ile their crews manned what was left of the yards and cheered each other wildly.
Wessel's enemies, of whom he had many, especially among the nobility, who looked upon him as a vulgar upstart, used this incident to bring him before a court-martial. It was unpatriotic, they declared, and they demanded that he be degraded and fined. His defence, which with all the records of his career are in the Navy Department at Copenhagen, was brief but to the point. It is summed up in the retort to his accusers that "they themselves should be rebuked, and severely, for failing to understand that an officer in the King's service should be promoted instead of censured for doing his plain duty," and that there was nothing in the articles of war commanding him to treat an honorable foe otherwise than with honor.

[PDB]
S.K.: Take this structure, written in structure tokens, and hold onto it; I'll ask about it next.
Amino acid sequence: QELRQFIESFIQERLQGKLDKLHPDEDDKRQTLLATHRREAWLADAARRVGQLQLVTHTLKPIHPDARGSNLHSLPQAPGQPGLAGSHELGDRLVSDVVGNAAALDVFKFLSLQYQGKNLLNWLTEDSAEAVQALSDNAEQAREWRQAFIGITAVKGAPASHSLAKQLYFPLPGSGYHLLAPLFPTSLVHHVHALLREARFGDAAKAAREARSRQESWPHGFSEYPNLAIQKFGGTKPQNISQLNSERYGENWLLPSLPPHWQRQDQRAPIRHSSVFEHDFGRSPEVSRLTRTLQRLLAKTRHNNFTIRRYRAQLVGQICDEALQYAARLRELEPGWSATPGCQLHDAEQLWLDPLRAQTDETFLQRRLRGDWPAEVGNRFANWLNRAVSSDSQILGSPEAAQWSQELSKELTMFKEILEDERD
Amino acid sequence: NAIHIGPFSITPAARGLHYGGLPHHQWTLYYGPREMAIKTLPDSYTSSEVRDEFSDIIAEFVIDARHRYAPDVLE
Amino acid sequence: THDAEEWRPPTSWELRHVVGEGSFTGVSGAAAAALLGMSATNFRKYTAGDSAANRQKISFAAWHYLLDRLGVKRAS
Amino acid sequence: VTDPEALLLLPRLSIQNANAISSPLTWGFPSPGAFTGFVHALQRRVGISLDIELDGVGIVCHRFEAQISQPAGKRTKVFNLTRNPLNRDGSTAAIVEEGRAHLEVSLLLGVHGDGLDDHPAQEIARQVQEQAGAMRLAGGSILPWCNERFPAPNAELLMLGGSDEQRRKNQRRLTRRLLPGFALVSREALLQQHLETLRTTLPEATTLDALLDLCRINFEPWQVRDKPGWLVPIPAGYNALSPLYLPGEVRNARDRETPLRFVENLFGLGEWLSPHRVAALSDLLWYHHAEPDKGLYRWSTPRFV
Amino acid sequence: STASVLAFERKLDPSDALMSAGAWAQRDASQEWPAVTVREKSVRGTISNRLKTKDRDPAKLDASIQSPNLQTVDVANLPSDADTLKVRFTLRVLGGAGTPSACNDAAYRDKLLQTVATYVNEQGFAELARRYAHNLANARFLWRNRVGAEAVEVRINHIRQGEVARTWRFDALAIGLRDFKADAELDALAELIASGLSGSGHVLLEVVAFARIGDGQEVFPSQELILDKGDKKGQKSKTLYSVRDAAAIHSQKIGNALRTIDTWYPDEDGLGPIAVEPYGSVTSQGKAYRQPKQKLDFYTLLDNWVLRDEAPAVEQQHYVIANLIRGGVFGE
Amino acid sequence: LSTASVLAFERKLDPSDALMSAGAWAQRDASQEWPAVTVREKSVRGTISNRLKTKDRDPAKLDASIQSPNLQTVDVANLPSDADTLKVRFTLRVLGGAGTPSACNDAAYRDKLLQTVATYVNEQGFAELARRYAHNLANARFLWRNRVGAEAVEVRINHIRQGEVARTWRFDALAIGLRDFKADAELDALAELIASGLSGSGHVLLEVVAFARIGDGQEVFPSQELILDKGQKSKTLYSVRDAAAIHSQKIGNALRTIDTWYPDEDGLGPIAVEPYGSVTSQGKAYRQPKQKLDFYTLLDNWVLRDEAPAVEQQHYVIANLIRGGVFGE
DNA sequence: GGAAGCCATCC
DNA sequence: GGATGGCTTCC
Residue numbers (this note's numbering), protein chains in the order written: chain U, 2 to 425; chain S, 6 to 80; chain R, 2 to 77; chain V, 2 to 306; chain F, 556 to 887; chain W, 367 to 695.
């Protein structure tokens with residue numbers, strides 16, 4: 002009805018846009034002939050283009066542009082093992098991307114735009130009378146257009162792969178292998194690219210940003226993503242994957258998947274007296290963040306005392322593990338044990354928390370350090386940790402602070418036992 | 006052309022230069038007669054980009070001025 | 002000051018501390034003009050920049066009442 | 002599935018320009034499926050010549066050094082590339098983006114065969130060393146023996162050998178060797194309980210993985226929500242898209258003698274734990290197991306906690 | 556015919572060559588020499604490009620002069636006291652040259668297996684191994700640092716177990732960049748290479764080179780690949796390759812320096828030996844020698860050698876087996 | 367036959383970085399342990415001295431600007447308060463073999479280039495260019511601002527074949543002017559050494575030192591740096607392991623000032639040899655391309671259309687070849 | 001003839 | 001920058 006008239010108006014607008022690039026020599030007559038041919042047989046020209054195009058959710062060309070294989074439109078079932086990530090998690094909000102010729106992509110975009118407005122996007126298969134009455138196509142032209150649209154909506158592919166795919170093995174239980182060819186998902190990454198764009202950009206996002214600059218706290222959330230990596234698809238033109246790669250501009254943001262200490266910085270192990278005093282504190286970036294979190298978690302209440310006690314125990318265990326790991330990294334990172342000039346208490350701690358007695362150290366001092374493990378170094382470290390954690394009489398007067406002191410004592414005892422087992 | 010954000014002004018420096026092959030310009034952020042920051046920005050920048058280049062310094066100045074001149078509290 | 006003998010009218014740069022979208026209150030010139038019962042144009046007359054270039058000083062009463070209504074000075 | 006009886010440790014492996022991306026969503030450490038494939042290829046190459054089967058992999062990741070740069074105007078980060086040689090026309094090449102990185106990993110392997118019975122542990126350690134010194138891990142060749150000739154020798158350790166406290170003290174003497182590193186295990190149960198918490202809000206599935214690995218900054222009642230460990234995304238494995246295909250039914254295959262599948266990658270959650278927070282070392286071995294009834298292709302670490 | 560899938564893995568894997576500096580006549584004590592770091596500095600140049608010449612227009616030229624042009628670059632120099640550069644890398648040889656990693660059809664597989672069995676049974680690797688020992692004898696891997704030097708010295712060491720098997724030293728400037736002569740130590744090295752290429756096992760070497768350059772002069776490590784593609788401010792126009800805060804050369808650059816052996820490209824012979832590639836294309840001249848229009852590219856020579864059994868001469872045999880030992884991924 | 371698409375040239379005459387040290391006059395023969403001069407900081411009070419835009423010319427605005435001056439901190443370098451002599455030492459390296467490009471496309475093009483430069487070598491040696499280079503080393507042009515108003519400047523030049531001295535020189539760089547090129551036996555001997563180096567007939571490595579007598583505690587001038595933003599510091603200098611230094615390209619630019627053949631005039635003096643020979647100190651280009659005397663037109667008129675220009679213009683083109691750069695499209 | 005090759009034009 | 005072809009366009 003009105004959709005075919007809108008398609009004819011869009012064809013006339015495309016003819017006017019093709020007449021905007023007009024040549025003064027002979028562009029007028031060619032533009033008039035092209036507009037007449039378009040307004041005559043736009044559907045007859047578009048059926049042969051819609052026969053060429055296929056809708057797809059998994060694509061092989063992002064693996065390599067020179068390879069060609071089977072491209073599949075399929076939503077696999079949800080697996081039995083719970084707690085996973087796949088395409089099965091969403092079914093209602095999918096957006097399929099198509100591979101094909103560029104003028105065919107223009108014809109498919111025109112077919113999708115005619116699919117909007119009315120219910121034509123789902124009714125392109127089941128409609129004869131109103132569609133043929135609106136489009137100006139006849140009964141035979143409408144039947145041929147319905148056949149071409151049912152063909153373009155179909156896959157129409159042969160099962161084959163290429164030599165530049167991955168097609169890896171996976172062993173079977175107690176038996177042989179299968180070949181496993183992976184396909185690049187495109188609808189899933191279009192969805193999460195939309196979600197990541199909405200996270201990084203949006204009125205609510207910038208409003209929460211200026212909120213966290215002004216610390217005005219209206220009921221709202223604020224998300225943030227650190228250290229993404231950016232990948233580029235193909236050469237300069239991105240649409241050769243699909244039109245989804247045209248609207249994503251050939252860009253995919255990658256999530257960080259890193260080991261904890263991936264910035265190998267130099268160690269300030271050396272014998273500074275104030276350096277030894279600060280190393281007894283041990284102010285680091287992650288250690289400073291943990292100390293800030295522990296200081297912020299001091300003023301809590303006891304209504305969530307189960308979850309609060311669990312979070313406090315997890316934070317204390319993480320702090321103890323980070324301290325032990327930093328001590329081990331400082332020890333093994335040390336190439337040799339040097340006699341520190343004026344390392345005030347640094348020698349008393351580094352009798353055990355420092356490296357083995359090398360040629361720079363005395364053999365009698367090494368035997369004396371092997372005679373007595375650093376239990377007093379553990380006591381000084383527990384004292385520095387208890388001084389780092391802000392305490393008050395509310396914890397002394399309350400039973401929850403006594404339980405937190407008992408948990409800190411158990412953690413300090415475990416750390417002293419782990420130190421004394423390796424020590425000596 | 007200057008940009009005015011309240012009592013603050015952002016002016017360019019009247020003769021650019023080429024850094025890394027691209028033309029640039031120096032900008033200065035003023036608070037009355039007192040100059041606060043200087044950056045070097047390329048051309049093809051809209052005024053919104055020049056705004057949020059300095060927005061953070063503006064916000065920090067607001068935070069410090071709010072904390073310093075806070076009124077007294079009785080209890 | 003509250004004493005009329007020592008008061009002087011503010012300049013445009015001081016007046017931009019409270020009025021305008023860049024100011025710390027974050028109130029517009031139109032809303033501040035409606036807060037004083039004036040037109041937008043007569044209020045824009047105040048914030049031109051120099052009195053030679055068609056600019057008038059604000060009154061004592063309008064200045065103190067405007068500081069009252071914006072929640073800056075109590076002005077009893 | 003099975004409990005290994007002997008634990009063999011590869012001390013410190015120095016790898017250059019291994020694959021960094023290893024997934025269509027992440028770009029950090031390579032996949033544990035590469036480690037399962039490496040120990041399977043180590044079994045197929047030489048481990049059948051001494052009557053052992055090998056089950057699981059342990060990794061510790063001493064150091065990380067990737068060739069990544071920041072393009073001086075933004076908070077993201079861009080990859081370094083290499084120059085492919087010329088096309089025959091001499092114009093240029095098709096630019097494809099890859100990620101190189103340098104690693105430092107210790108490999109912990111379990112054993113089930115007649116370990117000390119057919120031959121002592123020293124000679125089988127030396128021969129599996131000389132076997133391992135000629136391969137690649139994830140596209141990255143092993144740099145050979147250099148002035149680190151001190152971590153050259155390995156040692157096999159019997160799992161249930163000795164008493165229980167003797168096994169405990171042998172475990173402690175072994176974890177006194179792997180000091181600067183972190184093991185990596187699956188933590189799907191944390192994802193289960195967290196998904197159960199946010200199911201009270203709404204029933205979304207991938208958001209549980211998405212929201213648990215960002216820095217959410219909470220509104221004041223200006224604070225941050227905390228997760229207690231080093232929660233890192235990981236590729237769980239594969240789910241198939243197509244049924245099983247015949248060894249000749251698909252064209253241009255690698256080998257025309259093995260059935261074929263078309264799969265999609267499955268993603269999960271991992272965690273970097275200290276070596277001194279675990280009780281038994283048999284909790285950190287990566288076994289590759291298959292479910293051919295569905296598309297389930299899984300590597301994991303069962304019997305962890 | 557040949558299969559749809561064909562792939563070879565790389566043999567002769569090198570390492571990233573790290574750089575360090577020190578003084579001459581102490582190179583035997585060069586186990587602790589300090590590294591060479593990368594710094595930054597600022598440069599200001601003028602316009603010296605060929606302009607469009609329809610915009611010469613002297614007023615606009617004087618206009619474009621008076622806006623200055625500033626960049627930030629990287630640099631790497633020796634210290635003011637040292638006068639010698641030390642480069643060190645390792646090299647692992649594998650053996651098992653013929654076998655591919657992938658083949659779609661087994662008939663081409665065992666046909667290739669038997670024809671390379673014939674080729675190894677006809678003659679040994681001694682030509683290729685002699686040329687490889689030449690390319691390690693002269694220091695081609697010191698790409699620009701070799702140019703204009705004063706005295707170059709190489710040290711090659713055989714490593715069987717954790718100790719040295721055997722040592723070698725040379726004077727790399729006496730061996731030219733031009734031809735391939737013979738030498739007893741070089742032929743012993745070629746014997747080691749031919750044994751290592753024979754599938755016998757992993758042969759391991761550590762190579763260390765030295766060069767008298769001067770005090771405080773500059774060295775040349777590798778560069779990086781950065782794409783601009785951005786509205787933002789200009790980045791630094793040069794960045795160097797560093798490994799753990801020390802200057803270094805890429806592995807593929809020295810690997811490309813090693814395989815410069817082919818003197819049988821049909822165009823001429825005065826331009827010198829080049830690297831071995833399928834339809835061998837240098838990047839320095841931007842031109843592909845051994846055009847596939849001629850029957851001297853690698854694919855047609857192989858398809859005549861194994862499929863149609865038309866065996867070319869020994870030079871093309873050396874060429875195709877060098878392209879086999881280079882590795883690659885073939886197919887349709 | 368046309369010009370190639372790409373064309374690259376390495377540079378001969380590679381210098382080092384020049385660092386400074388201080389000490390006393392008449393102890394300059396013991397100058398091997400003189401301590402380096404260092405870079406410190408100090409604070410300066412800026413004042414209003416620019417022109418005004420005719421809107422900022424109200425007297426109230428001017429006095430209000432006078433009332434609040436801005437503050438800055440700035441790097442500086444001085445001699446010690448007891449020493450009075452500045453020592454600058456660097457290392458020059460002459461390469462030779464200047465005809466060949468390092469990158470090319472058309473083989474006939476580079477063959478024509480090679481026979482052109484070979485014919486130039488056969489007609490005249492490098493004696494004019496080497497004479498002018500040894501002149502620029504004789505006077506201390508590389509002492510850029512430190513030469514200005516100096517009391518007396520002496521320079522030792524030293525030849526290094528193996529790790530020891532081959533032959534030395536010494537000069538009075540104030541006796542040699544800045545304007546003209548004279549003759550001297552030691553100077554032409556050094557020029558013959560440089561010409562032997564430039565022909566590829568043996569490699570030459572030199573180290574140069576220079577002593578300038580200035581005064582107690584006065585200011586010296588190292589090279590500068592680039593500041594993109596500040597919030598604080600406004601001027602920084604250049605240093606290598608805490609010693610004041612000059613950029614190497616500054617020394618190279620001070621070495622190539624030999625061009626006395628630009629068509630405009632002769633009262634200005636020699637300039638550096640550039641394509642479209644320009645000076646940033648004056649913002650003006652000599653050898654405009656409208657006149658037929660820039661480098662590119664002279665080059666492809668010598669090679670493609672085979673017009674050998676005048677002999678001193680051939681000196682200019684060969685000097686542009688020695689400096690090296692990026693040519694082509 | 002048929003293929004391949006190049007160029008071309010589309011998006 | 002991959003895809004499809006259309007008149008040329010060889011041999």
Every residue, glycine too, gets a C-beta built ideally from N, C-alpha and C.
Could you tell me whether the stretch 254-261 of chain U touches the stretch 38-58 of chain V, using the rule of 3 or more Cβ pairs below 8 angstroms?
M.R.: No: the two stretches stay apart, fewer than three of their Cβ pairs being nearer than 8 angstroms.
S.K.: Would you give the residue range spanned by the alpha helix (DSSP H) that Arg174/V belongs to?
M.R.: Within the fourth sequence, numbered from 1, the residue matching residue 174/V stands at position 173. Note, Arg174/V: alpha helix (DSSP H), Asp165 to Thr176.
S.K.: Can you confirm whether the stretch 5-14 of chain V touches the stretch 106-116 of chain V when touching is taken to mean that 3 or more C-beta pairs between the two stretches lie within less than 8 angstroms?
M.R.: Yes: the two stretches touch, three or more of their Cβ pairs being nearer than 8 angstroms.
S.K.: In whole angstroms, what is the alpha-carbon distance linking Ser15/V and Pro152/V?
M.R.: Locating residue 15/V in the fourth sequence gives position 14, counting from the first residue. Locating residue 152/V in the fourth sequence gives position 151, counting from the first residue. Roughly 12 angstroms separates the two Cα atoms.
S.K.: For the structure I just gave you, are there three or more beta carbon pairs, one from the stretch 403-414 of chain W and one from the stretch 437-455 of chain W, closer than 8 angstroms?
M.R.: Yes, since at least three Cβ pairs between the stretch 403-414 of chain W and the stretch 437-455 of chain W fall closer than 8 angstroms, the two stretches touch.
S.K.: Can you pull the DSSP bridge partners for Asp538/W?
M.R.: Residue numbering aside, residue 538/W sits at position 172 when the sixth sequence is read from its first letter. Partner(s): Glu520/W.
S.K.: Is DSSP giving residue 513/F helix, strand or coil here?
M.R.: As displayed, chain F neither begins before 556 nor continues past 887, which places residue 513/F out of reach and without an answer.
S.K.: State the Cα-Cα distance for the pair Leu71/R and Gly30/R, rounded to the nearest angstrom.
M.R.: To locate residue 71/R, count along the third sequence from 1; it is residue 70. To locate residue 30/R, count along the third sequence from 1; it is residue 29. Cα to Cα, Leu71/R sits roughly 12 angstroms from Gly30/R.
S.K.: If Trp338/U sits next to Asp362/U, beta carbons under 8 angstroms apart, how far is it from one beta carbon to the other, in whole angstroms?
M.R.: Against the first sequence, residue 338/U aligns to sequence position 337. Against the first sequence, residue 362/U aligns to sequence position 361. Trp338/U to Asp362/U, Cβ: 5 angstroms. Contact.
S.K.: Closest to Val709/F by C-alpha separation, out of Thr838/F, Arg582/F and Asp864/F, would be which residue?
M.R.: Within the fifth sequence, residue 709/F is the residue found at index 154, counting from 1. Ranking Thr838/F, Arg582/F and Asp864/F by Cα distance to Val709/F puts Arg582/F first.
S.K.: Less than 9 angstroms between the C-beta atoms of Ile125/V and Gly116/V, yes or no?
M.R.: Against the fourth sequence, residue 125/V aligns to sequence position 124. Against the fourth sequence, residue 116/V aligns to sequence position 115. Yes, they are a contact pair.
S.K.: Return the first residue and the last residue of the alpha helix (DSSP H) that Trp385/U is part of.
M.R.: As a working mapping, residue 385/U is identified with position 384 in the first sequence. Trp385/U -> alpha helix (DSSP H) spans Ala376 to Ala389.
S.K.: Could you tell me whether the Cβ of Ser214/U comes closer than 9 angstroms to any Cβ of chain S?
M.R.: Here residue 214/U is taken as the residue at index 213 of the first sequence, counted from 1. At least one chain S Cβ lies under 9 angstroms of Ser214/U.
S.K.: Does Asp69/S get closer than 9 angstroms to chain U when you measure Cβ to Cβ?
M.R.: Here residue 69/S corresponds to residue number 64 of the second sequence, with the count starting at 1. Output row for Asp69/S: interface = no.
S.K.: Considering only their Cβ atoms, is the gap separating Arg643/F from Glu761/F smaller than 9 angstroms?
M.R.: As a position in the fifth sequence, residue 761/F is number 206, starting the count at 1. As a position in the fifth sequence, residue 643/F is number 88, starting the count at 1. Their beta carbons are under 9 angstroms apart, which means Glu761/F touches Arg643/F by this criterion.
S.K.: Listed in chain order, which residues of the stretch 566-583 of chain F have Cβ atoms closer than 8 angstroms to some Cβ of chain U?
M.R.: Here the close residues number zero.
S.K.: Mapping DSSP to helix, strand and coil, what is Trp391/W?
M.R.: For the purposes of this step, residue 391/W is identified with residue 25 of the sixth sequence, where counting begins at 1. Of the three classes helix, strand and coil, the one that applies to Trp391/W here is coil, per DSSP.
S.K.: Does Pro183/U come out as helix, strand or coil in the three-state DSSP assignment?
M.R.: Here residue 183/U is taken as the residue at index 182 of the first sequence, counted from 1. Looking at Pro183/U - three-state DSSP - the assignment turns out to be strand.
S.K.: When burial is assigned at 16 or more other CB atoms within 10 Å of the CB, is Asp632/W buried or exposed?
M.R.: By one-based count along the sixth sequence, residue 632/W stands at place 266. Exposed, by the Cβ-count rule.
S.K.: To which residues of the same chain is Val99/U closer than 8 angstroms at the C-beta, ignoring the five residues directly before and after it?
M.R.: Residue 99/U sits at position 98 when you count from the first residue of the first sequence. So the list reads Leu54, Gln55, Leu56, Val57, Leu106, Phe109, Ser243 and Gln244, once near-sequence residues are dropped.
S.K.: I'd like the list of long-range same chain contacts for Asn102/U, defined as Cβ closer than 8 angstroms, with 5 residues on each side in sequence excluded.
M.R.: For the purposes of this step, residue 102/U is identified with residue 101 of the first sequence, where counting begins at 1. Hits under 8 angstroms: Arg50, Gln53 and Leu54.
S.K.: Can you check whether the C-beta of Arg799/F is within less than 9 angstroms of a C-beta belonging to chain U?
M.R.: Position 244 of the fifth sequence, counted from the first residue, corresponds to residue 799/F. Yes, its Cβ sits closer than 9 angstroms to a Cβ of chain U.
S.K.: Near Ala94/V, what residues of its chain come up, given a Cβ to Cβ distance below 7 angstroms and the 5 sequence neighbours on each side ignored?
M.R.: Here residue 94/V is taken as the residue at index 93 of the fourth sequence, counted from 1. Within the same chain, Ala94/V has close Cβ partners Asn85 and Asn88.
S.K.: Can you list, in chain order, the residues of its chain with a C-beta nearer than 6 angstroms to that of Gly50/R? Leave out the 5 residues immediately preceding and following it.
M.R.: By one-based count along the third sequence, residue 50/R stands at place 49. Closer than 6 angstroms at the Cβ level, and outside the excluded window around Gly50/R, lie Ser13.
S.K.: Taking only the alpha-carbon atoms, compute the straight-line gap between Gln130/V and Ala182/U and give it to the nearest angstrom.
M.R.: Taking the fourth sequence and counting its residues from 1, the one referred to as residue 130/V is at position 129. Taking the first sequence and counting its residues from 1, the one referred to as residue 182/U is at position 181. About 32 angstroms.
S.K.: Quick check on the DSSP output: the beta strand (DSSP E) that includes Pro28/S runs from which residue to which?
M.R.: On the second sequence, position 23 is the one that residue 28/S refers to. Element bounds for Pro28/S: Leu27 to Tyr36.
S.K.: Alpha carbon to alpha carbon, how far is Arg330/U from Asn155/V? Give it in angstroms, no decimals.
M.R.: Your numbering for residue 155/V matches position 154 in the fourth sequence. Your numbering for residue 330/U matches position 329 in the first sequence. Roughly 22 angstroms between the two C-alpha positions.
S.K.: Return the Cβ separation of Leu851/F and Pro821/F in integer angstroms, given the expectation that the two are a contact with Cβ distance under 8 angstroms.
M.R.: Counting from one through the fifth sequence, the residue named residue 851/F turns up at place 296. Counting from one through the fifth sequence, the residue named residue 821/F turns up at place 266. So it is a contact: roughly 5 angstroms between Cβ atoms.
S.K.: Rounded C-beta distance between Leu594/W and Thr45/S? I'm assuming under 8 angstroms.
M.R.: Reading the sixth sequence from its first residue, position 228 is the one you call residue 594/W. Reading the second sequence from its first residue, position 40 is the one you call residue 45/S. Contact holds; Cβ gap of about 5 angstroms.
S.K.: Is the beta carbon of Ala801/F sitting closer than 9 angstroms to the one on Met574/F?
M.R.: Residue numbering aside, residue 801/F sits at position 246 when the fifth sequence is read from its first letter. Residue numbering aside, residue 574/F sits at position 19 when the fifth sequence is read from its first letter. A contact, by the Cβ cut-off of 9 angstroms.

It must be admitted that he gave his critics no lack of cause. His enterprises were often enough of a hair-raising kind, and he had scant patience with censure. Thus once, when harassed by an Admiralty ord